The relationships between tumour specimens and between genes that are highlighted by the clustering analysis are in part dependent on the set of genes and the set of specimens selected for analysis. Typically, a researcher selects a number of arrays (e.g. tumour specimens) and a set of genes with high quality data but excluding those genes that do not vary significantly between tumours, and hence are unlikely to be of interest. For example, a researcher might select only those genes that vary four-fold or more from the mean fluorescence ratio (ratios are converted to log base 2 inorder to maintain linearity across the measured ratios) in at least three experiments. (These selection parameters vary and are determined by the user.) Subsequently, the clustering program groups the selected genes together such that those that are most similar to one another across all genes selected are placed adjacent to each other in the data table; likewise, the program also ‘clusters’ together all the tumour samples that showed the most similar expression patterns to each other across all selected genes. Thus, the clustering output highlights groups of genes that are either highly expressed or relatively underexpressed in different tumour subsets. This is illustrated in Figure 2, where a small fragment of a much larger cluster diagram from a study of breast carcinomas analysed on 8100 gene microarrays is shown8. It is noteworthy in this example that multiple independent copies of the ERBB2 gene on the microarray clustered together in the cluster diagram. This demonstrates that the pattern of gene expression measured for the different independent spots (containing different PCR-amplified clones) each representing the ERBB2 gene on the microarray were more similar to one other than to the pattern of expression of any of the other 8100 genes present on the array. The single exception is the MLN64 gene, which co-clusters with ERBB2 across this sample set. Interestingly, MLN64 is present on the ERBB2 genomic region that is co-amplified together with ERBB2 in some breast cancer cases. The co-variation in copy number for this gene across this set of samples may account for its similar pattern of variation in gene expression9. This example illustrates the reproducibility of the measurements of gene expression using cDNA microarrays and highlights the types of relationships between genes that can be discovered using hierarchical clustering to visualize gene expression patterns.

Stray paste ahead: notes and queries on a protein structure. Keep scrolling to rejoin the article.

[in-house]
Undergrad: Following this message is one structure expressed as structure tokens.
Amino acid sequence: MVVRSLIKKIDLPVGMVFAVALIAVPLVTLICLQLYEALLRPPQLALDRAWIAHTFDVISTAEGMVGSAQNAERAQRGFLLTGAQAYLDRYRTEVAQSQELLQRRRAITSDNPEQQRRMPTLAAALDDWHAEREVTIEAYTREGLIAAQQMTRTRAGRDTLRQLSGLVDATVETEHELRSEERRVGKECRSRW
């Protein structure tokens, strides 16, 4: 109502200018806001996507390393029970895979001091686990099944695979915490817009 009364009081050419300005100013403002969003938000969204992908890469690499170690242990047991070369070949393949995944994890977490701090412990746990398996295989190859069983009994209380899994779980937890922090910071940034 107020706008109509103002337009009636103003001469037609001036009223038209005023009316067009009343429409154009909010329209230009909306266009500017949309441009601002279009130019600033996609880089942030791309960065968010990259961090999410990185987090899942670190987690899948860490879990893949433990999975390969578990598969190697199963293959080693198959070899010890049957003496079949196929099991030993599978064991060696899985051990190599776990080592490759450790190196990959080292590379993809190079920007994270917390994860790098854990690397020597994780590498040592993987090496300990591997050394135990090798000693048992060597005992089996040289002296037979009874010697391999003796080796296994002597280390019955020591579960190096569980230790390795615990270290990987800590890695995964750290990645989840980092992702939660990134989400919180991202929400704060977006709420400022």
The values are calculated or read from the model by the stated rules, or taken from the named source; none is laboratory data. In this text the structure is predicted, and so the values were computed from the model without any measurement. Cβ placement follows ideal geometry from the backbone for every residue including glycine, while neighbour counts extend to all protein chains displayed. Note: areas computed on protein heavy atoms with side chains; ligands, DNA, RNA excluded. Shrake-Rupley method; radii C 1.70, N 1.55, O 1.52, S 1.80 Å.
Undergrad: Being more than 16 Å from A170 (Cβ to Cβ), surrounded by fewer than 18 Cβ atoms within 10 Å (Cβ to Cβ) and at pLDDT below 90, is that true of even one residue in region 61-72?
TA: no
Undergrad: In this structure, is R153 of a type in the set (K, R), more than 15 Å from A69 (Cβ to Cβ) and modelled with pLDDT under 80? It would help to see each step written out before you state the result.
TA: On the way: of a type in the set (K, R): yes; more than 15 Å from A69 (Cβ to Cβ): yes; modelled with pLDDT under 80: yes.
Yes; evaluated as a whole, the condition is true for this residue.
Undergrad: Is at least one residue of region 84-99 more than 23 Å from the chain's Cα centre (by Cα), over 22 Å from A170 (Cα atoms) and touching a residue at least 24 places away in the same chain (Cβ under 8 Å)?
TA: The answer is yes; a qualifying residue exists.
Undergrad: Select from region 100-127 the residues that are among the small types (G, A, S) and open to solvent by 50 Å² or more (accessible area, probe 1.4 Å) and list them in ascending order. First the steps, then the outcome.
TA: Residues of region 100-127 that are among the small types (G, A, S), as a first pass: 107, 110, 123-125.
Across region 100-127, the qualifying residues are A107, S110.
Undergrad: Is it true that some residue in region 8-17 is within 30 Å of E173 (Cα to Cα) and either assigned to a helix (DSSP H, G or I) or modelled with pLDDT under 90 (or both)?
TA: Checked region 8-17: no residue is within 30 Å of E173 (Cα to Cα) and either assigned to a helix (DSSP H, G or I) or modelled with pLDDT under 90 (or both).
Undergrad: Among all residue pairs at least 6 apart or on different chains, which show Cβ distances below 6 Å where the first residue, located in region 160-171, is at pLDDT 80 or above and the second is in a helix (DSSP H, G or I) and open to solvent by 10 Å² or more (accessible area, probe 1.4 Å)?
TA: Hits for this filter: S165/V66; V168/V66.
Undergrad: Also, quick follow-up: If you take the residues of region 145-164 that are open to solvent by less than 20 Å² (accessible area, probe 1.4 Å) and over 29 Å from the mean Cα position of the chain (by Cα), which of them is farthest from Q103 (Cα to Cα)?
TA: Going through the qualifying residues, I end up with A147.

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Figure 2. Example of data clustering. This small sample of array data was copied from a much larger data set, similar to the one shown in Figure 3. Note how all five different cDNA clones specific for ERBB2 on the array cluster tightly together. The immunostaining for ERBB2 on one of the breast samples (column indicated by an arrow) is shown in the lower panel

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Virtual and physical tumour purification

  1. Top of page
  2. Abstract
  3. Introduction
  4. DNA microarray technologies
  5. Analysis tools
  6. Virtual and physical tumour purification
  7. Tumour expression profiling: breast carcinoma
  8. Tumour expression profiling: lymphoma
  9. Tissue arrays for the rapid characterization of diagnostic markers
  10. Summary
  11. References